Some 40 years ago the first truly extensive green roofs were built in Germany. Since then, green roofs have become a common addition to buildings. At the same time, this development has led to a more critical approach to fire safety. Related requirements are becoming increasingly strict, and will continue to evolve as green roof designs develop.
Green roofs should be designed to provide the necessary fire resistance
The first green roof performance tests, including fire tests, were performed and analysed in the 1990s. It’s pretty safe to say that fire safety regulations differ, sometimes significantly, from country to country. So in order to gain a larger global perspective we need to review the way fire safety is treated and talked about on major green roof markets.
After reviewing many cases over the past few years, we can say that generally green roofs should be designed to provide the necessary resistance to the spread of fire by considering 4 primary measures:
(1) The most cited measure is to increase the content of non-combustibles in the growing medium;
(2) Lower the organic content of the growing medium;
(3) Prevent the system from drying out; extensive roofs are not generally irrigated, therefore the risk of fire is mitigated by creating effective fire breaks and by reducing the organic content of the medium;
(4) Last but not the least, fire safety can also be significantly improved by not employing highly combustible drainage elements (especially at the time of installation).
A number of guidance documents also refer to fire-resistant vegetative systems as “succulent-based” and “grass-based” systems – in both cases the growing media must contain at least 80% inorganic matter.
Fire Testing of Green Roof Systems
Classifications are set for testing methods for external exposure of fire to roofs.
The standard is based on the test methods contained in ENV 1187:2002. The test methods (t1, t2, t3 and t4) evaluate the fire performance of roofs/roof coverings under the following conditions:
(1) test 1 (t1) assesses the performance of a roof exposed to burning branches
(2) test 2 (t2) assesses the performance of a roof covering exposed to burning branches and wind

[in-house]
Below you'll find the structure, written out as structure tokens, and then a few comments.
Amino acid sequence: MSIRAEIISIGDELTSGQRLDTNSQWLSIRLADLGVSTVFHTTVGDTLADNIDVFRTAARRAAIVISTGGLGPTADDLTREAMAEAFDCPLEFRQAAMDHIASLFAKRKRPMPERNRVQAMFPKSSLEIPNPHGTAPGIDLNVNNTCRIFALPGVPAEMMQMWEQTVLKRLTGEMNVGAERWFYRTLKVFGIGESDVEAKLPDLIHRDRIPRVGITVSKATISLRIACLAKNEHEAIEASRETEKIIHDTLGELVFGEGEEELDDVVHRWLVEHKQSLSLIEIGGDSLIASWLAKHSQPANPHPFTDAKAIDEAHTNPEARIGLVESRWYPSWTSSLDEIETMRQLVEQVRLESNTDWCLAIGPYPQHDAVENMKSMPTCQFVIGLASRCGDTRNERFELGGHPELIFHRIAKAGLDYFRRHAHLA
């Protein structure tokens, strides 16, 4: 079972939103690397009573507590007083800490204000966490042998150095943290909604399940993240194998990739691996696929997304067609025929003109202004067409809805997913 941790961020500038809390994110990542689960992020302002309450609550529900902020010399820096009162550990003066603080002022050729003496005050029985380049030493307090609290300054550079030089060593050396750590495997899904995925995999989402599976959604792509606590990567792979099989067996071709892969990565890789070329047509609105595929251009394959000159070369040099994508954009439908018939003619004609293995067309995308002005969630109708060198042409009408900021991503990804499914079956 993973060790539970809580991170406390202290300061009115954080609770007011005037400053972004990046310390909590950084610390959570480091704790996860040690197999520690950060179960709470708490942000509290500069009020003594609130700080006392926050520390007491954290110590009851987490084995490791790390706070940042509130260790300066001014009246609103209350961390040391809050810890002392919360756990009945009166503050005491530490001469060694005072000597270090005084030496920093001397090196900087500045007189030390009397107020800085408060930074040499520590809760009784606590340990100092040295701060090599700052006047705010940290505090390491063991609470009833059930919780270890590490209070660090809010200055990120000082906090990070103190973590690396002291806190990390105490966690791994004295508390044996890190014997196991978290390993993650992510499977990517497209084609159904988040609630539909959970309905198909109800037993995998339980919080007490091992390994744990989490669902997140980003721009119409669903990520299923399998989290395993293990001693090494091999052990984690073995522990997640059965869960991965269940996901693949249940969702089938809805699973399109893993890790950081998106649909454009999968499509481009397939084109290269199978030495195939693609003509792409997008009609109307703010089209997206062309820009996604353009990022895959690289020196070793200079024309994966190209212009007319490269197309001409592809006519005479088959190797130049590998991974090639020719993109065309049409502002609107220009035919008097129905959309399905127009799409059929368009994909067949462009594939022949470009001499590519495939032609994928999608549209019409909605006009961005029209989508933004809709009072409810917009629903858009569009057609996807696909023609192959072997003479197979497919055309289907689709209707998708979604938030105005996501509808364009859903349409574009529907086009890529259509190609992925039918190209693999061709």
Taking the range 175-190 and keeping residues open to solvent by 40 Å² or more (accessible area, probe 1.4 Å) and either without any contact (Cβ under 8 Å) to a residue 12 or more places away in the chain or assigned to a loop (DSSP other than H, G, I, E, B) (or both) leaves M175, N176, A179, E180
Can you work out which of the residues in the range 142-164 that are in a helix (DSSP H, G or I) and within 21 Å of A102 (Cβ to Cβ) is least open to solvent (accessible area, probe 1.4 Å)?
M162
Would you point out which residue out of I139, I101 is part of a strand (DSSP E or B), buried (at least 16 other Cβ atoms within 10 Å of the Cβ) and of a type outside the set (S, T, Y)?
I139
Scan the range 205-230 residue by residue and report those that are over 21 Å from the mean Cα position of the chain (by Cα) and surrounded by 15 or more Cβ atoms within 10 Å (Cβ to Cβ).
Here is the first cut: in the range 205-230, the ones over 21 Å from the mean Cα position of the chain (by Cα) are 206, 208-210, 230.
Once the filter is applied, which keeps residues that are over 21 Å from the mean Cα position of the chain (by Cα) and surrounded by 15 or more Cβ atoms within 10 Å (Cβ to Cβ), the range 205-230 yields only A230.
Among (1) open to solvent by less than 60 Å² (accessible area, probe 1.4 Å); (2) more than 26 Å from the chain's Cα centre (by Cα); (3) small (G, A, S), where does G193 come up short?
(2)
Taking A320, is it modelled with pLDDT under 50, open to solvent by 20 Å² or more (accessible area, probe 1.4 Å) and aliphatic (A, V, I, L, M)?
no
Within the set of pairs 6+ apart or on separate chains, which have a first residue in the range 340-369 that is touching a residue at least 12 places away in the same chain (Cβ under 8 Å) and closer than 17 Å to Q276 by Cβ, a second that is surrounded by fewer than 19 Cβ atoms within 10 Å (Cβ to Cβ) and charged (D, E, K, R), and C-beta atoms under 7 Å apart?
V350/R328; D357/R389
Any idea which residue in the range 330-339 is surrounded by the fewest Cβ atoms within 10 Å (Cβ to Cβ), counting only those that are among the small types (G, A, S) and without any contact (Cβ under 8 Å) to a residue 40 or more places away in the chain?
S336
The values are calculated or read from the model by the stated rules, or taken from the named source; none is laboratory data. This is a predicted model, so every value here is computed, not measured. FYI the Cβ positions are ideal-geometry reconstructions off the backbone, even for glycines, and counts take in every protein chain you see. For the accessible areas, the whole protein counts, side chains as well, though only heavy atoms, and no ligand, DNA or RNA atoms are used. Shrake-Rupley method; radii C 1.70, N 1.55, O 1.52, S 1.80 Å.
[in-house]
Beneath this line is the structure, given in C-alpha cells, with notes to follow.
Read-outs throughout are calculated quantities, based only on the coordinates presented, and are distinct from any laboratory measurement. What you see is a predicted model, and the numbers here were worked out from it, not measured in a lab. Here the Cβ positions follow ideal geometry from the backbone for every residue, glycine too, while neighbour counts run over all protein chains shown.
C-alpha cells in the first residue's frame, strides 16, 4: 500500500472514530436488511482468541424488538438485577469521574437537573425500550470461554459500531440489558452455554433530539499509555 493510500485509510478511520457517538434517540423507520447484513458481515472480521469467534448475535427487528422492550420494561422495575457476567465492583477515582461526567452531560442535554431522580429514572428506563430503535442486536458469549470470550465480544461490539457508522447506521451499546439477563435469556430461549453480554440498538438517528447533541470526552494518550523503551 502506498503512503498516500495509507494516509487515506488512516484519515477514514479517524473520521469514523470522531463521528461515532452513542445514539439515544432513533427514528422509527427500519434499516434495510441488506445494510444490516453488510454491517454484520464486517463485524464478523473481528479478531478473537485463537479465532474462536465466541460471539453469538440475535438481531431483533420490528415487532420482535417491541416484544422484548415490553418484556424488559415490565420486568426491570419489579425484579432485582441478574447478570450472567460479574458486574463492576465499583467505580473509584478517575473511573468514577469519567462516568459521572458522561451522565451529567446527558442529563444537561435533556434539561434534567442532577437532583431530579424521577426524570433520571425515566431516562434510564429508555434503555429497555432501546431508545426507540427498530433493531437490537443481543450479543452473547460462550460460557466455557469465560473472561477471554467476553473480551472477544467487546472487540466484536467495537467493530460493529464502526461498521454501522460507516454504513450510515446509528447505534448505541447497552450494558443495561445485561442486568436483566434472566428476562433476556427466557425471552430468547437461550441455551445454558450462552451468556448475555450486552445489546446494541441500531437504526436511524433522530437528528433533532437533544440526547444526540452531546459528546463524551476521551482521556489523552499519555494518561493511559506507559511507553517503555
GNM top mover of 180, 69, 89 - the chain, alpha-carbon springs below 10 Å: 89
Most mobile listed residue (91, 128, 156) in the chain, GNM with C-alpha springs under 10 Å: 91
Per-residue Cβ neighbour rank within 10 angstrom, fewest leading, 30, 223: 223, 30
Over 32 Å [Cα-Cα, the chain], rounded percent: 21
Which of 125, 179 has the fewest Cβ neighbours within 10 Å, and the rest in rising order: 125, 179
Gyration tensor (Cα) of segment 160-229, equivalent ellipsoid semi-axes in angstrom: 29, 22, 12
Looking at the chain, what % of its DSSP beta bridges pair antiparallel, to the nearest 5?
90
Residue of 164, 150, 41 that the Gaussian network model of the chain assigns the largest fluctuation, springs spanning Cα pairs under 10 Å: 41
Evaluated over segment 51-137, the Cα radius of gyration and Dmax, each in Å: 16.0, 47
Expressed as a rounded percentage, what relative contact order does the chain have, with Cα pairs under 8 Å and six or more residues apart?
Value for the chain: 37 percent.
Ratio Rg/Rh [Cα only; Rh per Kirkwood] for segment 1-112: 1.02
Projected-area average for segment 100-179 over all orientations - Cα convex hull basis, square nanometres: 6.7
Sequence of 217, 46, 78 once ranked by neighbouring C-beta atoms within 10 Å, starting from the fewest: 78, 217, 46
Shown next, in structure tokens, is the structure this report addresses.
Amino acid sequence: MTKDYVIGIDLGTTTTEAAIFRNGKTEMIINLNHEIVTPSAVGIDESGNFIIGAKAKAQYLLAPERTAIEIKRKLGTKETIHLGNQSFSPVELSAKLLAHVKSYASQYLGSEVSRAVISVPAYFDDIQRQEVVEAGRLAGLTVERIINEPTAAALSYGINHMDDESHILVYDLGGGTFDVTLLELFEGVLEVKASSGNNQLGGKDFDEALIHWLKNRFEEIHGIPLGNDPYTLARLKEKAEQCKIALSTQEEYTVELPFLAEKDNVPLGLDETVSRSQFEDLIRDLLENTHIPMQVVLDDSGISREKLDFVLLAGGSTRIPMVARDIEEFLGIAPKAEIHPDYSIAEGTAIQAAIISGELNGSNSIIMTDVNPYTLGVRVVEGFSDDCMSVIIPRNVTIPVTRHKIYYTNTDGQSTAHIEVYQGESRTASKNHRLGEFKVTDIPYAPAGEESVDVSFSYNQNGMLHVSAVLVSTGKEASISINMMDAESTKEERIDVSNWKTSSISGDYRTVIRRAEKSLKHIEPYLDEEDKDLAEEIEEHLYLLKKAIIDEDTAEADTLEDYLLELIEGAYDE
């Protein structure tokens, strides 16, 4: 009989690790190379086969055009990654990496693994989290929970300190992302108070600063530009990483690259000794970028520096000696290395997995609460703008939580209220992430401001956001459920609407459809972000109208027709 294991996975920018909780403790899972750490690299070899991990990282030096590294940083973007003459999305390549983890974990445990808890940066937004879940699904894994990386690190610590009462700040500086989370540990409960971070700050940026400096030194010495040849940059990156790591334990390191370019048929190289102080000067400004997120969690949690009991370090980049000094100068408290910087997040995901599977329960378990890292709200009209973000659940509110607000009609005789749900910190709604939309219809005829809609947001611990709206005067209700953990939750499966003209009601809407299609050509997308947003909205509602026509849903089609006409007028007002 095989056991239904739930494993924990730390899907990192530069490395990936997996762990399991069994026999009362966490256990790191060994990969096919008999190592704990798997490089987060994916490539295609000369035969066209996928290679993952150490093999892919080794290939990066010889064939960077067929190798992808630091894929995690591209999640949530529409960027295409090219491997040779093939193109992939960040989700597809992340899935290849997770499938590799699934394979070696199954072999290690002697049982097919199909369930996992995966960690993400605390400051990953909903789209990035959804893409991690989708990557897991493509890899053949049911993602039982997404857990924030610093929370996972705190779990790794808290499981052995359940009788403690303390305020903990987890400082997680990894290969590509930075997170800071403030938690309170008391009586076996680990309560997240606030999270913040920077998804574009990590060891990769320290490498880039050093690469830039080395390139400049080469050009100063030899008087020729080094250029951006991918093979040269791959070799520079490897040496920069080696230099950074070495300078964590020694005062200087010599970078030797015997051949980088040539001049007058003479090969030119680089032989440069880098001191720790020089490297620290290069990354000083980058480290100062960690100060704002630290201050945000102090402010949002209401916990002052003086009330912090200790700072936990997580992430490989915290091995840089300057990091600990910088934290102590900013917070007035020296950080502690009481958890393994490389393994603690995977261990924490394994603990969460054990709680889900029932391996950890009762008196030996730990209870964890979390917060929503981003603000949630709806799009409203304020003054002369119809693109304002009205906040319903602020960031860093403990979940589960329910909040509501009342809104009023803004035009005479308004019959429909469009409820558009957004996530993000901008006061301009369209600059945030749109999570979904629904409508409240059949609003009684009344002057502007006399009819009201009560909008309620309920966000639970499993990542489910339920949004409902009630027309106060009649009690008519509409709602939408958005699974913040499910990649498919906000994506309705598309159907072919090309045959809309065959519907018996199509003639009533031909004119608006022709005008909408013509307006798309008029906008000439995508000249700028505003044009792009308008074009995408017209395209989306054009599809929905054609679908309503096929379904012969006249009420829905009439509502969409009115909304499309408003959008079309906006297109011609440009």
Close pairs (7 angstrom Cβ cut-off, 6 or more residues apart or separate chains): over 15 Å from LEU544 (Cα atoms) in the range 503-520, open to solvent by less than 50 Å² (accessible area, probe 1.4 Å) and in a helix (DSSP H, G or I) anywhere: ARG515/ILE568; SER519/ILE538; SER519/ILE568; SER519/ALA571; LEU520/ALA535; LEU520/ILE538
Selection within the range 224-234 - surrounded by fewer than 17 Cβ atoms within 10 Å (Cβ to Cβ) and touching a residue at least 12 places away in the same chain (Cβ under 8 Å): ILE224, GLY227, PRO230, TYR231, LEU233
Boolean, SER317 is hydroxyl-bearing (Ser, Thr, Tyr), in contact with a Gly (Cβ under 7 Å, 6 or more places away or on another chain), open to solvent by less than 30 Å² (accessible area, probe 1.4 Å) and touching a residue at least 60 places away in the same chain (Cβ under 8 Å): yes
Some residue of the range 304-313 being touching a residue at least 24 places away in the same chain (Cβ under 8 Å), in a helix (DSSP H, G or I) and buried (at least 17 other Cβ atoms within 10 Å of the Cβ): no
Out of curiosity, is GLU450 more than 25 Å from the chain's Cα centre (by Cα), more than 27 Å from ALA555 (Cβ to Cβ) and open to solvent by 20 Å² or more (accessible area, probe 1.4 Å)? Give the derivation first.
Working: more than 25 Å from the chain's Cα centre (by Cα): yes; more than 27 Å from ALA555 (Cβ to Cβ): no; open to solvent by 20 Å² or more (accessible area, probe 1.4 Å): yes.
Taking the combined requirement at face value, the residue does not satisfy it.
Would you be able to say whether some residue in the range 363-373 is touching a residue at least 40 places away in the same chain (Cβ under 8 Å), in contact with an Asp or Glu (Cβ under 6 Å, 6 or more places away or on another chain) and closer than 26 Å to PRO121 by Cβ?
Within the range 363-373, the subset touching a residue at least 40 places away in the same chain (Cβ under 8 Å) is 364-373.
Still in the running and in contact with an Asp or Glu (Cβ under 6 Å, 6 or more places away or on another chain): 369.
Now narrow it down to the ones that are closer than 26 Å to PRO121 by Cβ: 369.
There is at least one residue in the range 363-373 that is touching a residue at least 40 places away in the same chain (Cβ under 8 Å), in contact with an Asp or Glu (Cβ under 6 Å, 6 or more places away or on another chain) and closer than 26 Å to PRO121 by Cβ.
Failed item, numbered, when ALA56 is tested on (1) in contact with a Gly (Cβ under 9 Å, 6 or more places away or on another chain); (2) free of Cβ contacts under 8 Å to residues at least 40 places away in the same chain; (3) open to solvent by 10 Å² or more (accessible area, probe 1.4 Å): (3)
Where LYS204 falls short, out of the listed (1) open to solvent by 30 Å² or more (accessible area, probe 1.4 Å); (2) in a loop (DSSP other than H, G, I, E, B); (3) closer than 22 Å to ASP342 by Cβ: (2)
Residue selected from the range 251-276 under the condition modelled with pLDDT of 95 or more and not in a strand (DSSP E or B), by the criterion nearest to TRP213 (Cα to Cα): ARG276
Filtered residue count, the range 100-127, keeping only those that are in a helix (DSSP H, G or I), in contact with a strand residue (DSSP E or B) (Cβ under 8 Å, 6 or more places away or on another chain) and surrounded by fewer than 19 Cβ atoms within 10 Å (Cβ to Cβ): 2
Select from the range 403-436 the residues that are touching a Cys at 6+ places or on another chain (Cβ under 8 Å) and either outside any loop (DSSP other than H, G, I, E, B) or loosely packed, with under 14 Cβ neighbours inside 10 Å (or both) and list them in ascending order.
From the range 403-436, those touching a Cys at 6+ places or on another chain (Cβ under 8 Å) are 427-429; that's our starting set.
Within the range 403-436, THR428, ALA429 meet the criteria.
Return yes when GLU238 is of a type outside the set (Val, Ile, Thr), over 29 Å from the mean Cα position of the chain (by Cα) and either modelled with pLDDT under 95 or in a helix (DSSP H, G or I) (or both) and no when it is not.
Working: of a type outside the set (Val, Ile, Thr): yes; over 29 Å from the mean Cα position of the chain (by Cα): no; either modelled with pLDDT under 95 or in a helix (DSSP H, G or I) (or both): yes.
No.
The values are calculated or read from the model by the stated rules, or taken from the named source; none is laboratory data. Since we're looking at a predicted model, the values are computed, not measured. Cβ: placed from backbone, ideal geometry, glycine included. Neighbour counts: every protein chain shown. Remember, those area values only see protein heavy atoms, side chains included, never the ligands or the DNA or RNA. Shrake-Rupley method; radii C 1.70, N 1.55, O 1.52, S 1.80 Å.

(3) test 3 (t3) assesses the performance of a roof exposed to burning branches, wind and supplementary radiant heat
(4) test 4 (t4) assesses the performance of a roof using a two-stage test method involving burning branches, wind and supplementary radiant heat
Classes of external fire performance for roofs / roof coverings:
Source: European Committee For Standardization, Fire classification of construction products and building elements
What about in Germany?
As the Germans were the first to implement modern green roof designs we had a special look at Germany. The requirements of the German market were defined particularly strictly by federal state building ordinances, which require that building products meet a fire class rating of at least E (normal entflammbar), except in cases where the application itself contributes to reducing the spread of fire of non-classified, “easily combustible” (leichtentflammbar) products such that it performs like an E class-rated product according to EN 13501-1. All unrated products must be treated as “easily combustible”.
Generally speaking, this means that Green Roof Systems for Germany need to be designed with all of the elements having an E fire class rating, regardless of the fire performance tested for the full Green Roof System. In practical applications this means that every single Green Roof layer delivered separately to the roof needs to have E-Class certification according to the European Fire Class norm.
Most people from the green roofing industry don’t take this as a risk, question this kind of approach, and don’t even respect it. However, coming from the building industry and as a member of the Fire Safe Europe alliance, we can point to but a single, simple reason that respecting fire safety guidelines is important (fire resistance of green roof should be ensured).
When the layer that is easily combustible is delivered to the roof during construction, it represents a huge risk of eventual fire and the spread of such. It poses a risk for the newly-built building itself, but even more of a risk if the green roof is being erected on an existing building where residents are already present. Many lives could be at stake, so we from the Green Roof Industry must take such regulations seriously and not try to avoid them.
Photo 1: Deutsche Rentenrversicherung Bund, Berlin, Germany | Photo 2: Lightweight car park, Halle / Salle, Germany
In Europe, Fire Safe Europe and its partners from the building industry are calling for a holistic, coordinated approach to these issues through the implementation of a European Union Fire Safety Strategy. We strongly believe that harmonised fire tests and classification schemes for Green Roof Systems across all EU countries and beyond, based on the same testing methods at appropriate scales and representing all possible risk scenarios is something toward which we should we should all be aiming.
Presently, we are all working amidst a patchwork of different fire testing requirements – and this is bad news for fire safety.
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- Jörg Breuning, Green Roof Service LLC - Green Roof Technology
- UK Government, DCLG, Fire Performance of Green Roofs and Walls
- Research Society for Landscape Development and Landscape Construction, FLL-"Guidelines for the Planning, Construction and Maintenance of Green Roofing – Green Roofing Guideline"
- European Committee For Standardization, Fire classification of construction products and building elements